Date of Publication


Project Team

Ellen Long-Middleton, Dorothy Mullaney


Purpose. Excessive job turnover in the novice nurse practitioner (NP) population is a stressful phenomenon for providers, adversely affecting institutional financial performance, and has the potential to lead to poorer health outcomes for the individuals we serve. The purpose of this investigation was to assess the need for the establishment of a structured mentorship program for new graduate nurse practitioners. As an aspect of an institutional quality improvement project, the overall goal is to reduce new graduate NP employment turnover.

Methods. A literature search was conducted in order to appraise and synthesize available knowledge regarding employment turnover and mentorship programs for the new graduate NP population. There was substantial evidence to support the value of mentorship programs for new graduate NPs, as well as cost savings and return on investment. Meetings with facility leaders and stakeholders were conducted to better understand the institutional phenomena regarding employment turnover in the NP population. Institution specific employment turnover data were obtained to form a basis for comparison to national trends. Financial projections were made based on an established formula adapted from a nurse mentorship program. Utilizing this data, a formal needs assessment was prepared for presentation to nursing and hospital leadership.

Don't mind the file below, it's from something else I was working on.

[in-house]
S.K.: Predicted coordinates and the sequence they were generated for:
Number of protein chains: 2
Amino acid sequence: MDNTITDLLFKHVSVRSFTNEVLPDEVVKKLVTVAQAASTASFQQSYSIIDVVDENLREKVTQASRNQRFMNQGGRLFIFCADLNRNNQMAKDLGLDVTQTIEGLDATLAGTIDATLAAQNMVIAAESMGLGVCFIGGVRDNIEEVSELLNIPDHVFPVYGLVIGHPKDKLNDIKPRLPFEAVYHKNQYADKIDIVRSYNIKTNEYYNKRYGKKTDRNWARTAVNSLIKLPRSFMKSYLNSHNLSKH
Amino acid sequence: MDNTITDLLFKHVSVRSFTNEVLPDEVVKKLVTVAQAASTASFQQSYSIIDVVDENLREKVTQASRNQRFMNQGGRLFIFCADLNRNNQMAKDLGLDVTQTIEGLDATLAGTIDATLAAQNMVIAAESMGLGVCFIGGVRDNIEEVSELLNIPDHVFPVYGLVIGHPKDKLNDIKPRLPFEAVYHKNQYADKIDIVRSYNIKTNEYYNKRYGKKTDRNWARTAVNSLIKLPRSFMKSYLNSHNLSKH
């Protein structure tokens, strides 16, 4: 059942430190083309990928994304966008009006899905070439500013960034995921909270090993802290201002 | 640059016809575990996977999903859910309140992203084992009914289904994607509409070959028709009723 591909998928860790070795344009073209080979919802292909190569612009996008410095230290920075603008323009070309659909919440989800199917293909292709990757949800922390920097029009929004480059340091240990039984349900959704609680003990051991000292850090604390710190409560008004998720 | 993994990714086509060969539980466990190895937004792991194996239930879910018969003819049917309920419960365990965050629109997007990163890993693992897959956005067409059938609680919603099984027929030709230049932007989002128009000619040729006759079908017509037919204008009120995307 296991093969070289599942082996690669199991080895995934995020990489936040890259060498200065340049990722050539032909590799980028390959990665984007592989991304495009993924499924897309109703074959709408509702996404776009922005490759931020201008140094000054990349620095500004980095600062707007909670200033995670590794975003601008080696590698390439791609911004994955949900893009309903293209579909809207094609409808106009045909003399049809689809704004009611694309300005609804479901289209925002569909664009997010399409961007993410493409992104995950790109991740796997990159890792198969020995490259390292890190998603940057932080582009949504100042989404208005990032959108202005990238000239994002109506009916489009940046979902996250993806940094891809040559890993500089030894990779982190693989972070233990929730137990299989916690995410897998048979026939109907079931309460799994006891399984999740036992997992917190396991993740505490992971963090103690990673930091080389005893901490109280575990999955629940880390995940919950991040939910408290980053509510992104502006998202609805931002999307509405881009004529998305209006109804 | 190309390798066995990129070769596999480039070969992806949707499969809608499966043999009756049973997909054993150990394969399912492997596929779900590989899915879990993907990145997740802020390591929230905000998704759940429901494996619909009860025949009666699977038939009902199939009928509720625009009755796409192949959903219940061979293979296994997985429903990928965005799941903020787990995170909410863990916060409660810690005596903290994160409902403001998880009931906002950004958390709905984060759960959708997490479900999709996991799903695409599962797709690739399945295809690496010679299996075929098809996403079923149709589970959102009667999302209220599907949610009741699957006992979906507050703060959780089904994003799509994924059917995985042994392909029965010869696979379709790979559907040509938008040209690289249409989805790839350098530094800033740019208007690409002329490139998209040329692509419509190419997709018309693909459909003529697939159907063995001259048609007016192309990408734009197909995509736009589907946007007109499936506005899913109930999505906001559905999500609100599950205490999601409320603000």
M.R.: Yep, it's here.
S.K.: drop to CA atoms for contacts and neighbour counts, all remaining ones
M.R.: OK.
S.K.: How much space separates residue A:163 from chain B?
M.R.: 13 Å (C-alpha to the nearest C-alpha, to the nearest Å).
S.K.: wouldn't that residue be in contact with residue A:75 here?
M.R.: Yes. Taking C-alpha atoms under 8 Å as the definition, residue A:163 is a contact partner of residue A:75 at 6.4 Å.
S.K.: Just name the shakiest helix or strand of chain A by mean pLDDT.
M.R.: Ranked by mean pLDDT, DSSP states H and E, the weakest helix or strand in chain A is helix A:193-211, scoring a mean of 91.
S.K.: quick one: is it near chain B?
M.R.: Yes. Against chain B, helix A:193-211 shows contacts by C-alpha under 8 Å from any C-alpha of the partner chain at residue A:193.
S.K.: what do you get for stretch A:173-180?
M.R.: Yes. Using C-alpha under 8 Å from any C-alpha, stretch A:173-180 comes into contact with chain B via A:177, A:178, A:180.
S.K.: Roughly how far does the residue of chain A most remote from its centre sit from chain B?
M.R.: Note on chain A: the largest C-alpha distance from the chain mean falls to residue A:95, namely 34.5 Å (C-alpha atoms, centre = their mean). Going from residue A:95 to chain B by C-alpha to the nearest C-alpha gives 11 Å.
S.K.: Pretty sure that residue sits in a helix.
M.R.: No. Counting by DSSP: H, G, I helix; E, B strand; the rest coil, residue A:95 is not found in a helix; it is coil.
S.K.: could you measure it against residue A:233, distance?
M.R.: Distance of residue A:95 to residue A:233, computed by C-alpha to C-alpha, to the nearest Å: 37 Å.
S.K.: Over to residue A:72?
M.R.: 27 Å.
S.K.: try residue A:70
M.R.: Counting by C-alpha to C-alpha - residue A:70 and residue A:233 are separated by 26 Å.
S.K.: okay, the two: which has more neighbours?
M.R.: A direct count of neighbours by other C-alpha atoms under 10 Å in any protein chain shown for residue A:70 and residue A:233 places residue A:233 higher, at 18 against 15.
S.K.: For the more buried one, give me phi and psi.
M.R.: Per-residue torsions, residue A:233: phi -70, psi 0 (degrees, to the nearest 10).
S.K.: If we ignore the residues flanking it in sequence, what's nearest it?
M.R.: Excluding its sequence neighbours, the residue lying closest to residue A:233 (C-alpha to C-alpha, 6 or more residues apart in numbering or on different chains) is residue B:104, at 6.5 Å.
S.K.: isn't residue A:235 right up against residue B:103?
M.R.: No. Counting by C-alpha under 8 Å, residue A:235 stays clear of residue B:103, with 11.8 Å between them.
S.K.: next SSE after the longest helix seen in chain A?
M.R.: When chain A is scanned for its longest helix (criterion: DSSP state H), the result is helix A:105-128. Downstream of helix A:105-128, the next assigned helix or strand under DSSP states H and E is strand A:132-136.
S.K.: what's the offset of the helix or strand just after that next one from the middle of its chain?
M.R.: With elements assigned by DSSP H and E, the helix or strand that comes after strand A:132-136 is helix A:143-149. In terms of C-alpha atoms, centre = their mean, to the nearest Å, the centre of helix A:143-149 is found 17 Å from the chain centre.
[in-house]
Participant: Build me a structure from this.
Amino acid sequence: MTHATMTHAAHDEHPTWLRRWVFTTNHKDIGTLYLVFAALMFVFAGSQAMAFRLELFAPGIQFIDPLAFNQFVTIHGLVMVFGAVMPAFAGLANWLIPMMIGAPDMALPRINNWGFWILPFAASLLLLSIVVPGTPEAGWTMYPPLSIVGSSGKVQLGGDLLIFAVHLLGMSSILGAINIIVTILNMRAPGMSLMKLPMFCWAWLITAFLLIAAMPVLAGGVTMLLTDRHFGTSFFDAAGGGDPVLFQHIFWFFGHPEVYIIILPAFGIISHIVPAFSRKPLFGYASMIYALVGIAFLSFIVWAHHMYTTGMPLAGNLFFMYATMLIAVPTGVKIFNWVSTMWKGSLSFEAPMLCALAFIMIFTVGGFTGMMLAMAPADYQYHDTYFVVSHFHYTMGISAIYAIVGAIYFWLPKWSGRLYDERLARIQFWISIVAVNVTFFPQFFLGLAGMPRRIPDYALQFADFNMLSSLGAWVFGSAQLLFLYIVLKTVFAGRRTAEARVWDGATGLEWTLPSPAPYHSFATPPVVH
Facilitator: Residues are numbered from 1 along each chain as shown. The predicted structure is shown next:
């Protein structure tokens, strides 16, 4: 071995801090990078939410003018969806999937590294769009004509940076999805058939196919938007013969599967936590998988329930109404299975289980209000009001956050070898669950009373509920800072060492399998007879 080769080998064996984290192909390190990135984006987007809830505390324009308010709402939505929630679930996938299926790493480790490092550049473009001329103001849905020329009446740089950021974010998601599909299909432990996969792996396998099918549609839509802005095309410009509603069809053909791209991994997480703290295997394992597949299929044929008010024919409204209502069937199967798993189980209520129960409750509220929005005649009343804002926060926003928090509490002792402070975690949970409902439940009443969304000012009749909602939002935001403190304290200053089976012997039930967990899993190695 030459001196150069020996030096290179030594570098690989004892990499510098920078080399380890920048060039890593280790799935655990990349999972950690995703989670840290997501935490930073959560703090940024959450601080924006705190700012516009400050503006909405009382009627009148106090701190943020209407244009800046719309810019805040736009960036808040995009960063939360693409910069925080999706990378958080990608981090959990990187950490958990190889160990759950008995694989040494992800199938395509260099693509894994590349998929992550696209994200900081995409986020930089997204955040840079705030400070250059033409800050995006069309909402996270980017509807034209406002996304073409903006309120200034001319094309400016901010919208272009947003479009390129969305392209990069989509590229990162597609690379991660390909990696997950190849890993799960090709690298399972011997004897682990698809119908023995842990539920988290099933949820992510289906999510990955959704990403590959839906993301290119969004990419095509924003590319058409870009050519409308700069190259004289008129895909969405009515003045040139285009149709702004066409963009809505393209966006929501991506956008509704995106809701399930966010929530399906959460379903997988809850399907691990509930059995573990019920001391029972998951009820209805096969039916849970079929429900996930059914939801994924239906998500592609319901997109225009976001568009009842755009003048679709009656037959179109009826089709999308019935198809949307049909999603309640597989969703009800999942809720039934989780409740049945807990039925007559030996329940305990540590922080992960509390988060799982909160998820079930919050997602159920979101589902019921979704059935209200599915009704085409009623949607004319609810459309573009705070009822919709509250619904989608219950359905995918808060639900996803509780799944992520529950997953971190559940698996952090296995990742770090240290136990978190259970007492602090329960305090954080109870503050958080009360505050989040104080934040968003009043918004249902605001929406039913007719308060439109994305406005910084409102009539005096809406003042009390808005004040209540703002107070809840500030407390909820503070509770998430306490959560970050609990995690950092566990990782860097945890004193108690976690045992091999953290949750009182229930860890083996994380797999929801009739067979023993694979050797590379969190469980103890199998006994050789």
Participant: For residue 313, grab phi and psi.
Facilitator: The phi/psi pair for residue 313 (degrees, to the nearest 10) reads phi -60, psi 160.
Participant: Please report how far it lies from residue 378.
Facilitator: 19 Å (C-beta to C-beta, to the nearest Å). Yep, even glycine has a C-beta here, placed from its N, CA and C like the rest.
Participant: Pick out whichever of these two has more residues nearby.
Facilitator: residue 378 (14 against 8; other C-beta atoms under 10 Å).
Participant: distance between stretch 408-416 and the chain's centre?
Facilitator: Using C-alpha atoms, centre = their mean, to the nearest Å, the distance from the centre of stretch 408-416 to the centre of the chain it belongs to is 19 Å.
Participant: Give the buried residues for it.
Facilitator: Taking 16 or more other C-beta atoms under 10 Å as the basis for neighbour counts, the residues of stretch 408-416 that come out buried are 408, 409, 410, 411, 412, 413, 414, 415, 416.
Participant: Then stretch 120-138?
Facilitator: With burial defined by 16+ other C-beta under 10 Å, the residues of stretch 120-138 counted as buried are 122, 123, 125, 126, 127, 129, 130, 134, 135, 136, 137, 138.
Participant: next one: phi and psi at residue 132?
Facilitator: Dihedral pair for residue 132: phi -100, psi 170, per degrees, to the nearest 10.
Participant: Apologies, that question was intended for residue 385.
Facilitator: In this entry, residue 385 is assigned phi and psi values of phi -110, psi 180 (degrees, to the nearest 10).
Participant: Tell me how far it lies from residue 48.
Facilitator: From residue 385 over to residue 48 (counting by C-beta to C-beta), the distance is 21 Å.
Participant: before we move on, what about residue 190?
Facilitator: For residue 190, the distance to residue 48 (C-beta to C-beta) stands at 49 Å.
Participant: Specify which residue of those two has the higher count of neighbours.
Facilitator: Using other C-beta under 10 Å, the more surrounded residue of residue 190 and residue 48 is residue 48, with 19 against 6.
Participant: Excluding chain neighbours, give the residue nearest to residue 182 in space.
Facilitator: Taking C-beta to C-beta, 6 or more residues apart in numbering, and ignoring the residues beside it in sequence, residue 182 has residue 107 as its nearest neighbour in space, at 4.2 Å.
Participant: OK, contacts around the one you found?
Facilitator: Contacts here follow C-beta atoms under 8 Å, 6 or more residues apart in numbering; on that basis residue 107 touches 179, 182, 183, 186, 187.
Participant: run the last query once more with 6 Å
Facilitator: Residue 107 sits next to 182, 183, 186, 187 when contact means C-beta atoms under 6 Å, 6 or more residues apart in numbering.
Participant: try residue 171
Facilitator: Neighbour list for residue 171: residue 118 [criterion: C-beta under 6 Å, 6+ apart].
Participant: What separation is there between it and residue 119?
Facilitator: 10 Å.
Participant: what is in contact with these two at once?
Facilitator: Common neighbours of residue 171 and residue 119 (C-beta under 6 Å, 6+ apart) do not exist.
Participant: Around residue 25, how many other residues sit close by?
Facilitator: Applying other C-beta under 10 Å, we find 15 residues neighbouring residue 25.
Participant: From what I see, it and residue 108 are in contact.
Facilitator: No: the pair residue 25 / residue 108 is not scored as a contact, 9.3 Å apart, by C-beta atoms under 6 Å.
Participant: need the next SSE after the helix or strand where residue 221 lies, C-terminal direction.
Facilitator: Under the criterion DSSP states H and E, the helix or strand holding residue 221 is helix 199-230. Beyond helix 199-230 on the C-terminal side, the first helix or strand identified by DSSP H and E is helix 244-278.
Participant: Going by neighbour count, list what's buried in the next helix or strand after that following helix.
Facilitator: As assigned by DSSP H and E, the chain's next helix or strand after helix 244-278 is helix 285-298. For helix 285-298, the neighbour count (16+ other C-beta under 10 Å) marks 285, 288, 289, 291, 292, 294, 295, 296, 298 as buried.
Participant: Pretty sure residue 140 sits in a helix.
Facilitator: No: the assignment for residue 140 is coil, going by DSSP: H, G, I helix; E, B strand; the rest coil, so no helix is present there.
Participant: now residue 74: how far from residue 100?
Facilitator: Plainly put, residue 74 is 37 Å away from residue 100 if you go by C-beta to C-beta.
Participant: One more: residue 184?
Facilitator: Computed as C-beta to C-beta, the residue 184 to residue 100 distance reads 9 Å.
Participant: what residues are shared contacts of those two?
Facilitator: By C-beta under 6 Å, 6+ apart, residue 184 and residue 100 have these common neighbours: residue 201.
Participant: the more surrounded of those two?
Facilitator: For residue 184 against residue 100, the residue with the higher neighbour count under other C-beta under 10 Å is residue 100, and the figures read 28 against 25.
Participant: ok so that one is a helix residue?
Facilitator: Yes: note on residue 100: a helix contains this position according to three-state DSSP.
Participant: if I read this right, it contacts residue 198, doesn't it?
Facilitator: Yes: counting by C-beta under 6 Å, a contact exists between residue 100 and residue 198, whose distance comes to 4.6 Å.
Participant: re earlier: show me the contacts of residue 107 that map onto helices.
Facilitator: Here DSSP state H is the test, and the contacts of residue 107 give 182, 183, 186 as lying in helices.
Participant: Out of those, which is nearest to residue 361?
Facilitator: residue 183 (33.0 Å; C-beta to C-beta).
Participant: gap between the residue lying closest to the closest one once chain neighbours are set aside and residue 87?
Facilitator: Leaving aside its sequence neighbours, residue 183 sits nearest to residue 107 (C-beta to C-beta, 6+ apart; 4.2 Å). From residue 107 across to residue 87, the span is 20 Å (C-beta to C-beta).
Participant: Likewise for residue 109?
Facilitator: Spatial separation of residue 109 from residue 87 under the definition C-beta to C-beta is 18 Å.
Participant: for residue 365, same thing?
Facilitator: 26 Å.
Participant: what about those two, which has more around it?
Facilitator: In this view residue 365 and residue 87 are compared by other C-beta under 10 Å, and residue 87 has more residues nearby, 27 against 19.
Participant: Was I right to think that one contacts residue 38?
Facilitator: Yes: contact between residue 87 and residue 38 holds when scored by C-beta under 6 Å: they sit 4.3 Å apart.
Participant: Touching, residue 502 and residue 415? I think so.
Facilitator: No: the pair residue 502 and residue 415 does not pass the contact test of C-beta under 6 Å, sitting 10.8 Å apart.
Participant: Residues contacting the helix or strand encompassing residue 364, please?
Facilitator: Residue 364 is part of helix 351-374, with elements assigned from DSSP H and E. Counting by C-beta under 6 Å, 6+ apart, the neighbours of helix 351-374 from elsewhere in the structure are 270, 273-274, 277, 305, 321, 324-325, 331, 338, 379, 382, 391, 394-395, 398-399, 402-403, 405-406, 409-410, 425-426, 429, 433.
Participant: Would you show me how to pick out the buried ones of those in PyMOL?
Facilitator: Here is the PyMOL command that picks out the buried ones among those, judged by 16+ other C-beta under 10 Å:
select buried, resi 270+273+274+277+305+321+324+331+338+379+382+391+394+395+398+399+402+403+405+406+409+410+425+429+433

Results. Facilitators and barriers were identified for an NP mentoring program. Nursing leadership was receptive to the concept of such a program and a pilot project was approved to start in the fall of 2019.

Conclusion. The results of this needs assessment provided valuable data to nursing leadership in planning a mentorship component for a proposed NP residency program in critical care. Further research is needed to better understand programs that foster effective NP mentorship.

Keywords. Mentorship, Education, Nurse Practitioner, Personnel Retention

Document Type